4Jesus Outreach

Proclaiming the good news of Jesus Christ.

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God can mend your broken heart

He heals the brokenhearted and bandages their wounds.” – Psalm 147:3

The Scriptures tell us that “many are the afflictions of the righteous, but God delivers them out of them all” (Psalm 34:19). Just because we’re walking with God and trying to live a righteous life does not exempt us from afflictions. People will still be people. They will still hurt us with their words and actions. Some will even betray us and break our hearts.

But Jesus will never let us down. He is our Great Physician and comes immediately to our rescue when we dial the heavenly 911 through prayer.

When we take our hurts and disappointments to the LORD in prayer, His healing love and peace bandages our wounds and brings comfort to our aching hearts. No man-made medicine in the world can mend a broken heart as good as Jesus. He knows exactly where it hurts and where to apply His healing balm.

He alone cares for us like no other.

Our family and friends can try to comfort us with their caring hugs and sympathetic gestures, but only Jesus can penetrate all the way down into our very souls. He pours spiritual oil and wine into the wounds and gives us ease, health and peace once again.

We can always count on Him when we need Him because He has promised to never leave us nor forsake us. His love and mercy endures forever, and our joy and strength will be restored to us in due season.

Remember to cast all your cares and hurts upon Jesus, for He indeed cares for you.

If you’re hurting today, pray the following prayer:

”Oh gentle and loving God, Creator of heaven and earth, bestow to me Your grace, Your touch of healing, Your presence of peace, Your loving comfort. Jesus, my Great Physician, as You often did when You walked the earth, stretch forth Your hand, and heart of healing right now to me. Amen.”

– Luis Josephus


4Jesus Outreach
A non-denominational ministry

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I know love hurts, but…

I know love hurts but...I KNOW LOVE HURTS BUT…

Don’t let your heart of love die.

Remember that our Lord Jesus forgave those who hurt Him and crucified Him on the cross. One of His last words before He died were, “Father, forgive them..” Shouldn’t we follow His example?

– Luis Josephus

“Do you know what hurts so very much? It’s love. Love is the strongest force in the world, and when it is blocked that means pain. There are two things we can do when this happens. We can kill that love so that it stops hurting. But then of course part of us dies, too. Or we can ask God to open up another route for that love to travel.”

– Corrie Ten Boom, Christian Speaker and Holocaust Survivor

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Swift to Hear, Slow to Speak

Wherefore, my beloved brethren, let every man be swift to hear, slow to speak, slow to wrath: For the wrath of man worketh not the righteousness of God.” – James 1:19-20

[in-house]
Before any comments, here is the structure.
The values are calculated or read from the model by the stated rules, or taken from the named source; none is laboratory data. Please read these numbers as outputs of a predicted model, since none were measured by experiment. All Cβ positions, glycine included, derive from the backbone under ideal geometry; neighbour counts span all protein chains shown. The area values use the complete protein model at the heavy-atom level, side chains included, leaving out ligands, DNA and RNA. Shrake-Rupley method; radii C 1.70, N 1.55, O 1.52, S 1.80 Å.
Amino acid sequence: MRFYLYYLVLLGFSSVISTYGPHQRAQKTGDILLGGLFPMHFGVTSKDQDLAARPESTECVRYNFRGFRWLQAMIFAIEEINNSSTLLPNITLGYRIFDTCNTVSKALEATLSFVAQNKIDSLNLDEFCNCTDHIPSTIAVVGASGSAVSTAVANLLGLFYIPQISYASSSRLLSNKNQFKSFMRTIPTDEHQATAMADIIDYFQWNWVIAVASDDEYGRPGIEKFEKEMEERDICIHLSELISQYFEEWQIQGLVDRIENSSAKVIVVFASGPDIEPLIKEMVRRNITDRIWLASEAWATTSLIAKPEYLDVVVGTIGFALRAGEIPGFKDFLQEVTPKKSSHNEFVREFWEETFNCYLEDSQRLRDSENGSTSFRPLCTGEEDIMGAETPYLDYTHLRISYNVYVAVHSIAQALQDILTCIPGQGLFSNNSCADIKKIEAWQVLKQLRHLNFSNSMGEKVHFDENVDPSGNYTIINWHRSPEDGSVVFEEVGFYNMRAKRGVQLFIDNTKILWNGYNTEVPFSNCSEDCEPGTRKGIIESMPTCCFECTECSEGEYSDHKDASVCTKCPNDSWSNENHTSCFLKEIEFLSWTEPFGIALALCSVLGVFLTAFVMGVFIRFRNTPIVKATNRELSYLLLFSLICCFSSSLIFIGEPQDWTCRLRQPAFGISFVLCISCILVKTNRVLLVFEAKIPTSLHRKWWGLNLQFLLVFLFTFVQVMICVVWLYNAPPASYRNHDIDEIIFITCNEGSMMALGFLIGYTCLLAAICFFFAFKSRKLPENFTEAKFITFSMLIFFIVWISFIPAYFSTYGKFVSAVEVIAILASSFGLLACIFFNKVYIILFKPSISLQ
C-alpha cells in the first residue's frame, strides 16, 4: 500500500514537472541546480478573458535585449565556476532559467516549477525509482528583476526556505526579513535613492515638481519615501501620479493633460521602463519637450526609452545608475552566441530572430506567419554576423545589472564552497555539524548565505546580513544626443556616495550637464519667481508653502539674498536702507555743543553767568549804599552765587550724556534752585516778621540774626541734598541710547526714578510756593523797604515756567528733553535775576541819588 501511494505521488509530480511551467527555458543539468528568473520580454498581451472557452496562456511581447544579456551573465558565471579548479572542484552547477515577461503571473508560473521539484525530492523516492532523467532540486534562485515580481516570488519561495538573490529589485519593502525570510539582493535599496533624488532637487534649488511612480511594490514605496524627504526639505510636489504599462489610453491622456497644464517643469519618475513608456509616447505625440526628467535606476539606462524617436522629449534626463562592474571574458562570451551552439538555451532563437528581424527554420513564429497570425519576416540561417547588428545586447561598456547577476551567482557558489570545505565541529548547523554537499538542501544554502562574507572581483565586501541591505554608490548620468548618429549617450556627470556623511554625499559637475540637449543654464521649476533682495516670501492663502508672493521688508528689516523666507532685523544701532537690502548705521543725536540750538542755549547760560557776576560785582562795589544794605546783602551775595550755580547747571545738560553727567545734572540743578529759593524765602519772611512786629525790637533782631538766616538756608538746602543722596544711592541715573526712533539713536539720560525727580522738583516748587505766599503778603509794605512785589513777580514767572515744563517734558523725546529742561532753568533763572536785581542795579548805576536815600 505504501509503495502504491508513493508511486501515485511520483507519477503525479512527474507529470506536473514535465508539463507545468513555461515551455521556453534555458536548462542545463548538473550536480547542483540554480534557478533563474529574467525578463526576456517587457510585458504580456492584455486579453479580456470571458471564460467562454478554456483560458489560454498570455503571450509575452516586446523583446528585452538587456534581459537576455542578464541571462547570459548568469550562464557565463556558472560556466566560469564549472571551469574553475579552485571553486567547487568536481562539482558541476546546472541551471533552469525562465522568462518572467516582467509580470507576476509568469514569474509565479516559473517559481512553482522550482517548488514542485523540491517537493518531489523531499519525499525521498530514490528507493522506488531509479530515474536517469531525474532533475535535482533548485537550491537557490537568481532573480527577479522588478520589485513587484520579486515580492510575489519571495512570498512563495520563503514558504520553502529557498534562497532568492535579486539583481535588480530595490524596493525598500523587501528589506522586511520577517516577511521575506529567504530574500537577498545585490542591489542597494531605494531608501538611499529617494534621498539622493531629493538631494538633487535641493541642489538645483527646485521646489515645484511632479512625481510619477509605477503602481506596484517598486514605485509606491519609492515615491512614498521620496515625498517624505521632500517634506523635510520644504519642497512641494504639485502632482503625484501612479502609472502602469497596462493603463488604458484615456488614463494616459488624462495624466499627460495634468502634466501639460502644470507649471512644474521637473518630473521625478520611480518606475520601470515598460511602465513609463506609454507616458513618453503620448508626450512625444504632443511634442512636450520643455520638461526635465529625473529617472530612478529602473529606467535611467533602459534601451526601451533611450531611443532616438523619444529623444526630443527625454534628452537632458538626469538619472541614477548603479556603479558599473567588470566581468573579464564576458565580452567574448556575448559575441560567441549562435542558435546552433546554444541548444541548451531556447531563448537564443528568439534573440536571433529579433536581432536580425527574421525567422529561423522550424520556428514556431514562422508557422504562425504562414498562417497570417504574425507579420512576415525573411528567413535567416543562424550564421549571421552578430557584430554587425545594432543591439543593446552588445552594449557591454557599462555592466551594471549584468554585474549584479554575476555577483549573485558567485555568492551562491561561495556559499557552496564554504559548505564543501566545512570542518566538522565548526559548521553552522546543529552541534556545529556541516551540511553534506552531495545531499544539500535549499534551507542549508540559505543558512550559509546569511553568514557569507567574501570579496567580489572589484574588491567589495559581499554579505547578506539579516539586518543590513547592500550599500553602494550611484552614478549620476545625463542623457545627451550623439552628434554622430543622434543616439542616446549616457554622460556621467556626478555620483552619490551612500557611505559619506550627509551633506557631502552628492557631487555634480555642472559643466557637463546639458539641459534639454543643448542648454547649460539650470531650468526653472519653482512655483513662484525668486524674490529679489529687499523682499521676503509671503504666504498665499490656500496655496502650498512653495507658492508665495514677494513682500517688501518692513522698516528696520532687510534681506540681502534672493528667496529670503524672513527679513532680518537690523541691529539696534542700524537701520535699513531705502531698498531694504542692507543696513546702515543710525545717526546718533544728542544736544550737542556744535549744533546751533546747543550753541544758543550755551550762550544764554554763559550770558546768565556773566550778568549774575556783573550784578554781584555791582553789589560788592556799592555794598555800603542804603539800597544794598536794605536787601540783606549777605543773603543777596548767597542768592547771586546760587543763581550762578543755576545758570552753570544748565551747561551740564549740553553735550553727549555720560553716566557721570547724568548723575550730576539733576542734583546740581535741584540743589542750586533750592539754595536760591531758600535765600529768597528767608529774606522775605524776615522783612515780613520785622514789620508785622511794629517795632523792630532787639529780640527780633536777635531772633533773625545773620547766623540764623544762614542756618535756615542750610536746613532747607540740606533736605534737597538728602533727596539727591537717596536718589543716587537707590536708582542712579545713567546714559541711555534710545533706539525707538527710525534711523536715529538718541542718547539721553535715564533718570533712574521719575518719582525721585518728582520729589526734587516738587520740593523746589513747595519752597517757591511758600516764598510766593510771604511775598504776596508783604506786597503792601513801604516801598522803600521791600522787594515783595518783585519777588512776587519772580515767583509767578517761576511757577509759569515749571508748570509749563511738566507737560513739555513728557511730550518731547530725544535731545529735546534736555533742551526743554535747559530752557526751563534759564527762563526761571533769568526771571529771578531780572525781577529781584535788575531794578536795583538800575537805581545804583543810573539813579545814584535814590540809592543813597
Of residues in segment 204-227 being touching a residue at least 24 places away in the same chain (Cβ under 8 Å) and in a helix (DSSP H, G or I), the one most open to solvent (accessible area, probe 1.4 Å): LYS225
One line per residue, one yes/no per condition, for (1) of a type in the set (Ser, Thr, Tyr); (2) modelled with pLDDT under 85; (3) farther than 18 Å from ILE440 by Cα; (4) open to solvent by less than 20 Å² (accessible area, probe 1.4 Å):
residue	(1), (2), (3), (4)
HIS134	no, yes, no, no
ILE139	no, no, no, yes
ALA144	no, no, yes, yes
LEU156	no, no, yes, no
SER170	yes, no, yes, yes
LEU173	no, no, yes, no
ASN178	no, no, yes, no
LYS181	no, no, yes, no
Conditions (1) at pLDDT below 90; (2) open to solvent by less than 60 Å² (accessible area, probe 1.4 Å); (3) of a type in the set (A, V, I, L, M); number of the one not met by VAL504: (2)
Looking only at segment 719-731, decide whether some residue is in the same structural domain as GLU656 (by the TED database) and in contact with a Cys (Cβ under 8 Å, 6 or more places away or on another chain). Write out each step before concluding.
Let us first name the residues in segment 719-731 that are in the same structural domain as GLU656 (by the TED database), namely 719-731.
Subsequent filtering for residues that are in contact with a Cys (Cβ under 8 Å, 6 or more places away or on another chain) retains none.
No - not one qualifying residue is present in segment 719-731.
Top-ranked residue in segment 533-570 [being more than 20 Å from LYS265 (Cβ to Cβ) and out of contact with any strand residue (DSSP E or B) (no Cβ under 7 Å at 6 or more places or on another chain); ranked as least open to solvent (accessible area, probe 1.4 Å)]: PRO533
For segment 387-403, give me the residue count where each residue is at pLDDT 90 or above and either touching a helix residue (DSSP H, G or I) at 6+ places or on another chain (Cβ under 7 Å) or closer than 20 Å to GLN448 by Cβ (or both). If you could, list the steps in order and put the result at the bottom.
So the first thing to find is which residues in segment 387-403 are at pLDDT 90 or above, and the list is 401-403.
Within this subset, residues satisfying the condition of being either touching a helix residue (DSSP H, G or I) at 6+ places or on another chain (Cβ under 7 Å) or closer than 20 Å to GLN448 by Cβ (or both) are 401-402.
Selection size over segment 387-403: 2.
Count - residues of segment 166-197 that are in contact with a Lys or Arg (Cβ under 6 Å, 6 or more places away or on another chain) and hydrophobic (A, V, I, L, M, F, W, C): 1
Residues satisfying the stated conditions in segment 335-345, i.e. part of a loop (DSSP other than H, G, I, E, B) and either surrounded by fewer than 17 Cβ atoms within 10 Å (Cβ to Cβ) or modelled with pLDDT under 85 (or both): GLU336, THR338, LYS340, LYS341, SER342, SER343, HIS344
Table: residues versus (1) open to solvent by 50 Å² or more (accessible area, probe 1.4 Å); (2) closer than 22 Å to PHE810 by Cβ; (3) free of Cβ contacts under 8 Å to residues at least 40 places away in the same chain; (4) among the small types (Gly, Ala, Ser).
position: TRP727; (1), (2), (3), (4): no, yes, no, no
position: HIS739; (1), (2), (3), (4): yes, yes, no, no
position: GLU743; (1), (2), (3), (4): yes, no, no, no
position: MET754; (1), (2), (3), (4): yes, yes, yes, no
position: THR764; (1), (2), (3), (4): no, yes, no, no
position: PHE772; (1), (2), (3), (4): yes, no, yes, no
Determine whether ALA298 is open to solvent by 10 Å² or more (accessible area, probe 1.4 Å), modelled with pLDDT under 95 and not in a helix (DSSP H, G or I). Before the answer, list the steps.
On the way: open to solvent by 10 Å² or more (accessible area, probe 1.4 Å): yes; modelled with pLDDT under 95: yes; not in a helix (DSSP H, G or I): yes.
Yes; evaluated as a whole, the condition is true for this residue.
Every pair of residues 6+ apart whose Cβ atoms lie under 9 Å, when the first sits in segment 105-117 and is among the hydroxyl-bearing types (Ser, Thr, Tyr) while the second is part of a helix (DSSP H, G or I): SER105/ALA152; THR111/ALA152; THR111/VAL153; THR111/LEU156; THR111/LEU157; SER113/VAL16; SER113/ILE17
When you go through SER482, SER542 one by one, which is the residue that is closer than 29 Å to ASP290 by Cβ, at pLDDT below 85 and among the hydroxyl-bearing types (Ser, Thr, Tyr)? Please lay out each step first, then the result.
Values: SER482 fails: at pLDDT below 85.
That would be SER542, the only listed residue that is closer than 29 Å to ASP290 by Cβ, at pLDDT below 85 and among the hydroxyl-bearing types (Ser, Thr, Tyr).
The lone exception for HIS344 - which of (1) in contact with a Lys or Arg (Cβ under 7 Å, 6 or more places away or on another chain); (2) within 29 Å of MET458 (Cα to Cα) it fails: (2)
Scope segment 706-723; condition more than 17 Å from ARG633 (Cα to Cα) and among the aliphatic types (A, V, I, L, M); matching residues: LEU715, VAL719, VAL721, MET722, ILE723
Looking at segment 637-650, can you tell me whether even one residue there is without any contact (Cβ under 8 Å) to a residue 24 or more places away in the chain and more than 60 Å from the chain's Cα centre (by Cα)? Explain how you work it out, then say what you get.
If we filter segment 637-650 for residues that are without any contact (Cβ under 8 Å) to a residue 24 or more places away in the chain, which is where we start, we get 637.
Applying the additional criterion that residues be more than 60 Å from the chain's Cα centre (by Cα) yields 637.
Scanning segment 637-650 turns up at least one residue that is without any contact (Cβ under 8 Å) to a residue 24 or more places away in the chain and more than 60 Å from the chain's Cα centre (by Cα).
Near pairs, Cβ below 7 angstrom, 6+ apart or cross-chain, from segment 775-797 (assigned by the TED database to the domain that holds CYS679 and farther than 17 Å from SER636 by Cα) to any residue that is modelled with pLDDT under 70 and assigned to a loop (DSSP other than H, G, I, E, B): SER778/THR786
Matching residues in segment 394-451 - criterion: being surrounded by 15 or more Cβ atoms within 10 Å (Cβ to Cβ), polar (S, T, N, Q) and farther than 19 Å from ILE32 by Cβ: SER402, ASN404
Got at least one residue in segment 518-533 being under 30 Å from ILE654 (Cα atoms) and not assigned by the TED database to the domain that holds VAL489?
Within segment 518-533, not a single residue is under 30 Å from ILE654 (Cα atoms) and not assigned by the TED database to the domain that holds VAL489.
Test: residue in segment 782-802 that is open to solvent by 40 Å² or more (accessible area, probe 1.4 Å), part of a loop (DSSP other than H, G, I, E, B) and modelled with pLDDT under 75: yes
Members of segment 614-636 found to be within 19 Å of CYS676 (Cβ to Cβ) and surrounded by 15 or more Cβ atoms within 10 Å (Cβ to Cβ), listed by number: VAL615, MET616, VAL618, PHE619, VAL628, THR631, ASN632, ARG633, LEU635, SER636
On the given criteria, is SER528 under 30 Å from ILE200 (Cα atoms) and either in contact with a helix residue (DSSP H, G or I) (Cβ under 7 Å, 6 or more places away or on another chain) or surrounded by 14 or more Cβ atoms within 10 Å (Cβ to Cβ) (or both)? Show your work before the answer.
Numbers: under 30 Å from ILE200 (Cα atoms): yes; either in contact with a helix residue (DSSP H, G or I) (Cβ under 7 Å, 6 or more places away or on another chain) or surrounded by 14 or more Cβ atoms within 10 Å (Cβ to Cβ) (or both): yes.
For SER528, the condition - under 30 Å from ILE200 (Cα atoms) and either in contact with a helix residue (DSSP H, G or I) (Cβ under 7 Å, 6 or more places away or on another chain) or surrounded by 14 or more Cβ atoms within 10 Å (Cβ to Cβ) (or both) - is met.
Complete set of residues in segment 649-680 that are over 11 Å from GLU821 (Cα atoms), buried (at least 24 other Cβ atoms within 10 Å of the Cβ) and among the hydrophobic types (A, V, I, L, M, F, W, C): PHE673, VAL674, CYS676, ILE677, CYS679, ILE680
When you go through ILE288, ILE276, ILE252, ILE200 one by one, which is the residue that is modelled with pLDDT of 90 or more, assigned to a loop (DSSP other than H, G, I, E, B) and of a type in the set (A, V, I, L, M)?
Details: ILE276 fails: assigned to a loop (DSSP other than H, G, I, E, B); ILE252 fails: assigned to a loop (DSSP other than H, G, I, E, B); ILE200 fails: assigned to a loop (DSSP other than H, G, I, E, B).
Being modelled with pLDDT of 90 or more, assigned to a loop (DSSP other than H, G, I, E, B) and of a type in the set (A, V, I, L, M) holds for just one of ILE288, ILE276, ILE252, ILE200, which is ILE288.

Let us be swift to hear, slow to speak.

Let us be swift to hear, slow to speak.

Many times we have the tendency to stick the proverbial “foot in the mouth” when we do not carefully consider what we say to others, before we say it.

Recently I was very hurt by something someone said about me that was untrue. I tried to brush it off as an obvious attack of Satan (which it was), but it still deeply affected me. I have to confess that I practically spent the whole of that day feeling depressed and misunderstood by this person’s slanderous words. When I confronted the person with their unkind statement, they simply said, “I said that because I was mad at you.” Did that make me feel any better? Not really. Was their anger a good reason and justification for the hurtful lie? Not at all.

This was a perfect example of what the apostle James was writing about. We Christians need to be more careful not to hurt our brothers and sisters in the LORD by misuse of our tongues. Our tongues get us into more trouble with God than we can imagine. God considers an unkind word or malicious gossip about another person just as much a sin as any other kind of sin like murder or theft.

When we learn to practice being “swift to hear, slow to speak, and slow to wrath” we do more listening than we do talking. And that’s good. More listening and less talking gives us a chance to evaluate the potential harm in what we are about to say before we say it. This kind of pause and reflection can keep us from sinning with our tongues and actions, and thereby avoid hurting another member of the Body of Messiah who God loves.

As we listen and think before we speak and master control over our tongues, we confirm to ourselves and the world around us that the righteousness of God and the indwelling of the Holy Spirit is alive and active in us.

–          Luis Yosefus Castillo

“If men would govern their tongues, they must govern their passions. When Moses’ spirit was provoked, he spoke unadvisedly with his lips. If we would be slow to speak, we must be slow to wrath.” – Matthew Henry.


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